Here's an excerpt from Christopher Kimball's (Cook's Illustrated) "The Dessert Bible" on this topic:
"The Great Crisco vs. Butter Debate -- Crisco (vegetable shortening) is hydrogentaed vegetable oil -- hydrogen atoms are pumped into veg. oils -- which is a solid, stable product even at room temperature. This process creates a relatively unhealthy saturated fat, but the good news is that it works wonders with pie dough. (As for the health issues, Americans consume very little veg. shortening through home cooking, so I doubt this is much of an issue. However, it is used extensively in convenience foods, which is where the lion's share of our consumption occurs.) The reason I like to use both Crisco and butter is that the Crisco does a good job of coating the flour, which makes the dough flaky and tender, while the butter adds flavor. Unlike butter, Crisco will hold its share even in hot conditions, which makes the dough almost foolproof, immune to overworking. Butter, of course, has lots of flavor, while an all-Crisco crust will be disappointing in terms of taste. Experienced bakers use only butter, but I find that most home cooks (myself included) are beter off using 50-50 combination of Crisco and butter."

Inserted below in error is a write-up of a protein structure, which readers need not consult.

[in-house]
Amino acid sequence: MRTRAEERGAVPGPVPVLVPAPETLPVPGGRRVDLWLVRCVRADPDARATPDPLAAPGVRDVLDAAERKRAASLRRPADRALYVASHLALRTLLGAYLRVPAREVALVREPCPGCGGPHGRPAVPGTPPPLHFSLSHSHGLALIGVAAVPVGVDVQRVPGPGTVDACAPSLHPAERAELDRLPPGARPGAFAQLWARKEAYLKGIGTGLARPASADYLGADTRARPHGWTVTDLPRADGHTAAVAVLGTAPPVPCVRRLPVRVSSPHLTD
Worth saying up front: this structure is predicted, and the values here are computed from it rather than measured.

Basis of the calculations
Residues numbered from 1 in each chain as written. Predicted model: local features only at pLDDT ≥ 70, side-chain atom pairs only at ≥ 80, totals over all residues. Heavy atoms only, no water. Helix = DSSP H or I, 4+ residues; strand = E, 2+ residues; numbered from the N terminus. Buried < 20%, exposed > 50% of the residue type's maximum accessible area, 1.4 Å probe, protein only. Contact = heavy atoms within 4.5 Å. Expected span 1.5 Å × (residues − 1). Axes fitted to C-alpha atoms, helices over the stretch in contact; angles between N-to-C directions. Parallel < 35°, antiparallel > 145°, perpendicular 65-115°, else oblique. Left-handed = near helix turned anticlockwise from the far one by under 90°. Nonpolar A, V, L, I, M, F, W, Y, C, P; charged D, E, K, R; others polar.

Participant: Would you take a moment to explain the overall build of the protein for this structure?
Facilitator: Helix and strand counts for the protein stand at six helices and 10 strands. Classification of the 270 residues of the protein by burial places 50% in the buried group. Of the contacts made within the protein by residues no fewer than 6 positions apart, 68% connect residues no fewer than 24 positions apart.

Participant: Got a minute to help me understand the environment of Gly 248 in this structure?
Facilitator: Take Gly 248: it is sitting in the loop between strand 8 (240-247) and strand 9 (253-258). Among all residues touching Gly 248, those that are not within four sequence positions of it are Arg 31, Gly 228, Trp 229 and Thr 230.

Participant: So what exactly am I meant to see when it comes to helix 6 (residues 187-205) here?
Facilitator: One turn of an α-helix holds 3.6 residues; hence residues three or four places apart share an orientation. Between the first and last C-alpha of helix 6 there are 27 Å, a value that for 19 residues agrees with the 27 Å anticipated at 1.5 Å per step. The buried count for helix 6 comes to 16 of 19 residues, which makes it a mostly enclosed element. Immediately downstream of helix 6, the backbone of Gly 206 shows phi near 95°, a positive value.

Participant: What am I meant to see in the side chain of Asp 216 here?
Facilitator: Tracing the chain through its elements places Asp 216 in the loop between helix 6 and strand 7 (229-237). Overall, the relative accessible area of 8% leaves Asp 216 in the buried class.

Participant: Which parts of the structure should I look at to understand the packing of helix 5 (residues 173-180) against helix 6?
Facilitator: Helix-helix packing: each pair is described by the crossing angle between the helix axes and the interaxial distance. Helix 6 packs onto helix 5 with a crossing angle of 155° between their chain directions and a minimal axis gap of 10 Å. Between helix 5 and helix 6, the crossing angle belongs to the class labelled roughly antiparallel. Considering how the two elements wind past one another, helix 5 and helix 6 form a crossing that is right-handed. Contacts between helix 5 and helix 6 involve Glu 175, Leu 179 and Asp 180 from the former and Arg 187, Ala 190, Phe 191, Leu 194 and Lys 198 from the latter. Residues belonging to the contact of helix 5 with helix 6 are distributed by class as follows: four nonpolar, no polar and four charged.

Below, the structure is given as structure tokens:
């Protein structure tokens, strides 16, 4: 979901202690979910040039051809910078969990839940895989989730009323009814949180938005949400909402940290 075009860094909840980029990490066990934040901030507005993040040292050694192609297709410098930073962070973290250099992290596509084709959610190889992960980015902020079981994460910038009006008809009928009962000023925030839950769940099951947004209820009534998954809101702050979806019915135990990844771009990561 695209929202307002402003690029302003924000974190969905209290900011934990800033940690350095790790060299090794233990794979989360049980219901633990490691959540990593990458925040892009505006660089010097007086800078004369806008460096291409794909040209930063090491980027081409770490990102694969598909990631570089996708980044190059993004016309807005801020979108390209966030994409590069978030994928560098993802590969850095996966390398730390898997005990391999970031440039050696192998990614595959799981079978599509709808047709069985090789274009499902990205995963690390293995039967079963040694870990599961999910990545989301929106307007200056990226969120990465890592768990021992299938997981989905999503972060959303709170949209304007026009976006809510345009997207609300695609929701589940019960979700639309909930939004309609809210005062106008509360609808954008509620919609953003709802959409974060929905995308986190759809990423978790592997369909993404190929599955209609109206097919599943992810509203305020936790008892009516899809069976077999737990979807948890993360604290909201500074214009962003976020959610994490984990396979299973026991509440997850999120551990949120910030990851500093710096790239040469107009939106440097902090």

Speaking of the health issues with Crisco, over the weekend I found an organic veg. shortening by Spectrum Natural that doesn't have the trans-fatty acids of Crisco. While initially excited by my find, my enthusiasm was stemmed when I made a batch of chocolate cookies with the product. While the end result had similar consistancy and staying power as if I used Crisco, the funky oily taste is a little too much for me. If anyone knows of a good Crisco substitute, that would be greatly appreciated.